F B Hole
Only when we take a wide view of our fallen estate can we realize in an adequate way the complete havoc that has been wrought by sin, or the fulness of God's answer to it all which reaches us in the Gospel. We have already seen that sin has brought in: —
guilt, and so forgiveness must reach us;
condemnation, so justification is needed;
bondage, and we need redemption;
alienation from God, so we need reconciliation;
peril of many kinds, so we need salvation;
profanation and pollution, so we need sanctification;
corruption, which has affected the deepest springs of our nature, so we need the new birth.
We have now to see that it has plunged us into spiritual death, and we must be quickened if we are to live to God.
Our state is set forth in Ephesians 2:1, as "dead in trespasses and sins." The next verse remarkably enough goes on to speak of walking in those trespasses and sins; but that is because the death there spoken of is death towards God. Those who are dead Godward are very much alive to "the course of this world," and "the prince of the power of the air," who operates in the "children of disobedience." To be dead towards God is entirely consistent with being alive towards the world and the devil: indeed the one springs out of the other.
This is the fact that underlies the solemn statement made in Romans 3:11, that, "there is none that understandeth, there is none that seeketh after God." That there should be none righteous (verse 10) is bad: it is worse that none should understand, for that means a state not only of ignorance but insensibility. It is worst of all that none should desire to understand or seek after God, with whom is righteousness and understanding and life. To the natural man there is nothing that is desirable in God. Man is not right: he does not understand that he is not right: he has no desire after God who is right. In one word he is dead towards God.
Once these solemn facts lay hold of us, we realize that our only hope is in God taking the initiative with us in His sovereign mercy. We are quite well able to take the initiative in evil, but as regards all that is of God we are dead; and hence all movement must spring from Him.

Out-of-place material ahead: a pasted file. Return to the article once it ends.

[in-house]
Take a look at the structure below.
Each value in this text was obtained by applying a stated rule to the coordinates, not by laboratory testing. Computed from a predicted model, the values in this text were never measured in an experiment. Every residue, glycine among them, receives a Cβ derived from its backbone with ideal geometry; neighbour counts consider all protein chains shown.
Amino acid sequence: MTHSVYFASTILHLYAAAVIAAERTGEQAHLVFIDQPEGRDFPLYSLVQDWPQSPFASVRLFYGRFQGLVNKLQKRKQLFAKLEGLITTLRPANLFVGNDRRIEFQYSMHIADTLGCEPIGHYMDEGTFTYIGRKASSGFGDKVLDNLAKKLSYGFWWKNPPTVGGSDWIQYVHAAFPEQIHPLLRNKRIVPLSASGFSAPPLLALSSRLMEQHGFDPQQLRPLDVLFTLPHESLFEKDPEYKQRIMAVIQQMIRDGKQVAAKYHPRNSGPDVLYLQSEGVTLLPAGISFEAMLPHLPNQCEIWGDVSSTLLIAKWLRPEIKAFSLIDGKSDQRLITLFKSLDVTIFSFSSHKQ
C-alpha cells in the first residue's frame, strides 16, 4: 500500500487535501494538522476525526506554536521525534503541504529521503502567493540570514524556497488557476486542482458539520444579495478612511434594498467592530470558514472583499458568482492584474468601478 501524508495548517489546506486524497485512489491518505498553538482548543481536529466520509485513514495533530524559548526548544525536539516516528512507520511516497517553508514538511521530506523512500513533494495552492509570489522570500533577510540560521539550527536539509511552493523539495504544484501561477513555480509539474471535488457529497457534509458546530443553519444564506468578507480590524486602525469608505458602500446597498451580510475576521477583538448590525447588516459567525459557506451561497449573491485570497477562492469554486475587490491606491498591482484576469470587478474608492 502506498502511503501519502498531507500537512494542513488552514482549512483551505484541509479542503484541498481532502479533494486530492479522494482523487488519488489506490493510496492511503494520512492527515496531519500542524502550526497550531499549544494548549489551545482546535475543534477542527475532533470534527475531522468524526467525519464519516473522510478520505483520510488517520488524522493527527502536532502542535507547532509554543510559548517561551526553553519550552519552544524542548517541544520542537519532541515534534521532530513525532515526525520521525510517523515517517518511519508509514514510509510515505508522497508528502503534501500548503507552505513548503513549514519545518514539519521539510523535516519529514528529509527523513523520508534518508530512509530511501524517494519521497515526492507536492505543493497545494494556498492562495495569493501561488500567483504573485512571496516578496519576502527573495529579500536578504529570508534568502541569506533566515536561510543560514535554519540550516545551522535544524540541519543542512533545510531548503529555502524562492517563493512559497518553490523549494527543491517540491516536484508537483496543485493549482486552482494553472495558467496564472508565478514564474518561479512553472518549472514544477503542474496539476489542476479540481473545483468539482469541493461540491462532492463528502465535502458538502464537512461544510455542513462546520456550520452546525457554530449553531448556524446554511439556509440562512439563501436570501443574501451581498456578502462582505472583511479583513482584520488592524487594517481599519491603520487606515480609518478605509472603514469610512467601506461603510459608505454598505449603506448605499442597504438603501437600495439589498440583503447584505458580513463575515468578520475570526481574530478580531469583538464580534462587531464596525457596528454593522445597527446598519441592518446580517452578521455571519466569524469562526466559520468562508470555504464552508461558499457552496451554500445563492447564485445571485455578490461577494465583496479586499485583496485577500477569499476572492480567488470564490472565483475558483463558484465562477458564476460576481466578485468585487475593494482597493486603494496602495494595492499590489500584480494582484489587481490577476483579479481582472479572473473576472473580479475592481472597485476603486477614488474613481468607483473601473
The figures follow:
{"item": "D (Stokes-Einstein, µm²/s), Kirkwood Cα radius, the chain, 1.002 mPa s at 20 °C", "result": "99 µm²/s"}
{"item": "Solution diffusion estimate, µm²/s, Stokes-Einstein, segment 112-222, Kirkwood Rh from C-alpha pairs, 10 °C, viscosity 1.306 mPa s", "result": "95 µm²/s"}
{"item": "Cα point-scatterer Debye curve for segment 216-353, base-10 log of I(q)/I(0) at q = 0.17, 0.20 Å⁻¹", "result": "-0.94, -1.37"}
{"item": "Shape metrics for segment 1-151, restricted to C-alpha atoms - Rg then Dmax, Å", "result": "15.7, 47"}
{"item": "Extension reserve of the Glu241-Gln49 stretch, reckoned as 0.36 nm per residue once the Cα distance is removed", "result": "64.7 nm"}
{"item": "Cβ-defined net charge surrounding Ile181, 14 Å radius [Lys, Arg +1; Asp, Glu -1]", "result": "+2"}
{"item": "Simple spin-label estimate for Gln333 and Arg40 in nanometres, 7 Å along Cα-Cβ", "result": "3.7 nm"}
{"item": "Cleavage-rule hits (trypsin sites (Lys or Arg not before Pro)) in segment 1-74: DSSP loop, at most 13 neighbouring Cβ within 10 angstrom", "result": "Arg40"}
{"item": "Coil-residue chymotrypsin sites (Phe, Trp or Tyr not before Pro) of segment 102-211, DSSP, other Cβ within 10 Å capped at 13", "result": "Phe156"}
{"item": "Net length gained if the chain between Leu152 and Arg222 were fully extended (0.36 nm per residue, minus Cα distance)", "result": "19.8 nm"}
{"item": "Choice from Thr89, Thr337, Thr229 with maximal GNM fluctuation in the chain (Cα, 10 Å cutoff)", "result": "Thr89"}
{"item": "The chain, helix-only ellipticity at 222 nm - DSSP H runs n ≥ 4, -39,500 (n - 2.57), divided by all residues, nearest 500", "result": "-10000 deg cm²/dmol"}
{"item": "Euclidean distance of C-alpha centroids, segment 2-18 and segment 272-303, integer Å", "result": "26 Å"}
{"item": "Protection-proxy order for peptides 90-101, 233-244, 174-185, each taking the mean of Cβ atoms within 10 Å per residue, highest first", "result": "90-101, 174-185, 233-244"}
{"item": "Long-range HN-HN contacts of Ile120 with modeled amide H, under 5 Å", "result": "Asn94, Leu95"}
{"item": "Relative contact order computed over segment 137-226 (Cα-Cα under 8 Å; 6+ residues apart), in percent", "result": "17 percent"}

God then must act. But how must He act? Will reformation, education or instruction meet our case? By no means: there can be nothing until He quickens, for quickening simply means the giving of life. The very word translated "quicken" in the New Testament is one compounded of the noun "life," and the verb "to make" — to make to live.
Now it is a striking fact that Ezekiel 36, which shows the corruption and moral filth in which Israel lay, and prophesies as to the new birth which consequently must be theirs, is followed by the vision of the valley of dry bones in Ezekiel 37. This sets forth the death towards God, in which Israel lies as a nation, and it prophesies concerning God's work of quickening, which must touch them before they enter into millennial blessedness. They will be brought up by Him out of the graves among the nations where they lie. There will be a national resurrection, and, says the Lord, "Ye shall live, and I shall place you in your own land: then shall ye know that I the Lord have spoken it, and performed it" (verse 14). Once they are quickened they will understand and they will at once seek the Lord.
The "wind," or "breath," of verse 9 seems to be identified with "My Spirit," of verse 14: indeed, the same Hebrew word is translated, wind, breath or spirit, according to the context. It is interesting to compare these verses with John 3:8. There the blowing of the wind is connected with the Spirit's action in new birth. Here it is connected with His action in quickening. This should show us how closely new birth and quickening are connected one with the other, and that they must not be divided from each other, though they should be distinguished and separately considered, as they are in chapters 36, and 37 of Ezekiel.
Now if John 3 answers to Ezekiel 36, John 5 answers to Ezekiel 37. That chapter opens with the cure of the impotent man. It was as though a fresh stream of life entered his powerless limbs, and he took up his bed and walked. When challenged as to this miracle, the Lord Jesus proceeded to speak of far greater works than this which were His to do — the quickening of whom He will and the raising of all men. The former is a limited work. Those among the spiritually dead who hear the voice of the Son of God — and only those — shall spiritually live. The latter is universal. All in the graves shall hear His voice and come forth in two classes, to life and to judgment respectively. This will take place at different times, as we learn from other scriptures.
In verse 21 of this marvellous chapter in John, quickening is attributed to both the Father and the Son whereas in the next verse the work of judgment is said to lie wholly in the hands of the Son. The Son, and the Son alone, came forth into this world to suffer and be set at naught. To Him alone then shall the supremacy and majesty and honour of executing judgment belong. In the giving of life however the Son acts according to His own will equally with the Father and — we hardly need add — in fullest accord with the Father. Equally with the Father is He the Source of life, for verse 26 is evidently parallel with verse 21 in its sense. As 1 Corinthians 15:45 says, "the last Adam . . a quickening Spirit."